Borislav Arapović: Prolomom
Without following the imposed rules of the game, in modesty and silence, great Croatian literature is being given birth to at present. A nation, left without its own state and the rights it is entitled to as a nation due to the power of those in positions of authority and influence, managed to escape slavery in the 1990s. The nation started to reunite, regardless of where its people were. The gaolers set to work, and large-scale and merciless persecution began. Writers happened to be in the middle of it all. Many of them voiced their opinions and experiences in a modern way.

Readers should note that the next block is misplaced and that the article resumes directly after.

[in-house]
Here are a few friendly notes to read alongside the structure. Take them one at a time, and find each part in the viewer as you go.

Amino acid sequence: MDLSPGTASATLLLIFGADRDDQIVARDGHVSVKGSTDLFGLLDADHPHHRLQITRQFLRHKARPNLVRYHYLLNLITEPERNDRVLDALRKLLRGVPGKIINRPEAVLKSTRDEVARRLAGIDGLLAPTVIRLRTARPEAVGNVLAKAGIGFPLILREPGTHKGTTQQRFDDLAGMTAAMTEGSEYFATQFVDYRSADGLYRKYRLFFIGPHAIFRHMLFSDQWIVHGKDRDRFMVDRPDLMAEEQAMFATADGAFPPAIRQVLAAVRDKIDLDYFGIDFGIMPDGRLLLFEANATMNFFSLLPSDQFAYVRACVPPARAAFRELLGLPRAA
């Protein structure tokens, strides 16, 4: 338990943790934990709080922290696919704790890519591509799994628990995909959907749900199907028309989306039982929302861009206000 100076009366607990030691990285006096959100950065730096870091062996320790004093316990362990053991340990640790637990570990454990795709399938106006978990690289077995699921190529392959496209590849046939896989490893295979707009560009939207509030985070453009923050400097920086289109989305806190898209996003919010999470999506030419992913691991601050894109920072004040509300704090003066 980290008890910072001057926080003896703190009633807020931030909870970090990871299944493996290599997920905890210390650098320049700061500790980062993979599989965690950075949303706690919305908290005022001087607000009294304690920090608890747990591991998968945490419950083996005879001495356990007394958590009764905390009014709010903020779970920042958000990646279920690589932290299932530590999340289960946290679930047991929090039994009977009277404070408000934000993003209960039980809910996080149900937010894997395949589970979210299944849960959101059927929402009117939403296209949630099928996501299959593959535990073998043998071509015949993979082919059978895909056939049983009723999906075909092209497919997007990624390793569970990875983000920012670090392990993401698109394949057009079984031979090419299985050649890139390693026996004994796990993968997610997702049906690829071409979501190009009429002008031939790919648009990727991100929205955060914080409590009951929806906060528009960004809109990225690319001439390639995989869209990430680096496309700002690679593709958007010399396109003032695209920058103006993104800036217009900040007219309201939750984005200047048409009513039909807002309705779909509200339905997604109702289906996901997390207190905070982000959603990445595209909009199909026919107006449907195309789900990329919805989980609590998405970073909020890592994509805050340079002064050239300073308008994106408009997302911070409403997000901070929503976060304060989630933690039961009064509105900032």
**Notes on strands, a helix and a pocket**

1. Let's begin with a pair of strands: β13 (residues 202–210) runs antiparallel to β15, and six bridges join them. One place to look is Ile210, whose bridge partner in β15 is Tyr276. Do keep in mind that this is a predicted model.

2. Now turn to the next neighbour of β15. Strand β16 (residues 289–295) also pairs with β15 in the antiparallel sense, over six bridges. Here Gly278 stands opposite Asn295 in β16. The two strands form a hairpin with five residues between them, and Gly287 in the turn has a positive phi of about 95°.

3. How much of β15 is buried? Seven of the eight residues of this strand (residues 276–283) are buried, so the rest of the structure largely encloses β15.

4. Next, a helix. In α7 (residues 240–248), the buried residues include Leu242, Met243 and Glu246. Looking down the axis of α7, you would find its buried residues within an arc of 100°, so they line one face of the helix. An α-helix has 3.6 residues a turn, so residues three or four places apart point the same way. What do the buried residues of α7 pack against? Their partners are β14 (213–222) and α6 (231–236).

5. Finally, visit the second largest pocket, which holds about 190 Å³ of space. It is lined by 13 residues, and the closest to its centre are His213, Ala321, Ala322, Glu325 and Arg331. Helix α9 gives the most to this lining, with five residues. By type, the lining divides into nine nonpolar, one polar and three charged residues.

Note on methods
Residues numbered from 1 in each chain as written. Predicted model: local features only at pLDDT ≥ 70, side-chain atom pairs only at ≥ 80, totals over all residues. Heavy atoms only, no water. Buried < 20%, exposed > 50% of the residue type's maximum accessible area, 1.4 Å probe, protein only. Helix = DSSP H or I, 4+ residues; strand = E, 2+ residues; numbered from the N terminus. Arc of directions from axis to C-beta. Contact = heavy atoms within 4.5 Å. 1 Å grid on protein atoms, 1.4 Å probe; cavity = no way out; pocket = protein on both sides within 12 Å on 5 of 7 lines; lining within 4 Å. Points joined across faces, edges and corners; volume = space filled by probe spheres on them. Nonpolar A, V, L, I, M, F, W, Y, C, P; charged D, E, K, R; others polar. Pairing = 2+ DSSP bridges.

Borislav Arapović is one of those who knew exactly what he had to do. Having lived in the West he absorbed a sense of freedom and preserved it in spite of the siren-like wail of hypocrisy. Some would say that he did not forget his people and I say that he did not forget the oppressed. Proof of this is to be found in his biography. While communism still reigned in the USSR he fought against it in his own way. The KGB was on his tail. He, naturally, did not forget his own people either. It was on his people that he bestowed his book Gog i magog hrvatski (Croatian Cog and Magog) just a few years ago, and that now he bestows his collection of poems Prolomom (By Burst). He has persistently been building poetry without retreat, a poetry which has nothing to do with false philanthropy. He screams for the loss of humanity, he screams into the night surrounding him. He has no pity for anyone. He attacks the fickle not only of the West, but also of his own people and in his own motherland. It was the likes of them that contributed to the fact that there was nowhere he could return to in the region he was born in. The ethnocide or — as it is today hypocritically called — ethnic cleansing has been brought to an end. The »masters of ceremony« are on full alert watching closely that no trouble is stirred up. All the outcries from priests, the clergy, bishops and worshippers were in vain. Everything was decided on at the negotiating table, in peace, and any breaking the agreement was disallowed. But, it was »them« who agreed. Arapović writes about this in his cycle Eurobaalske bakanalije (Eurobaal's Bacchanalia).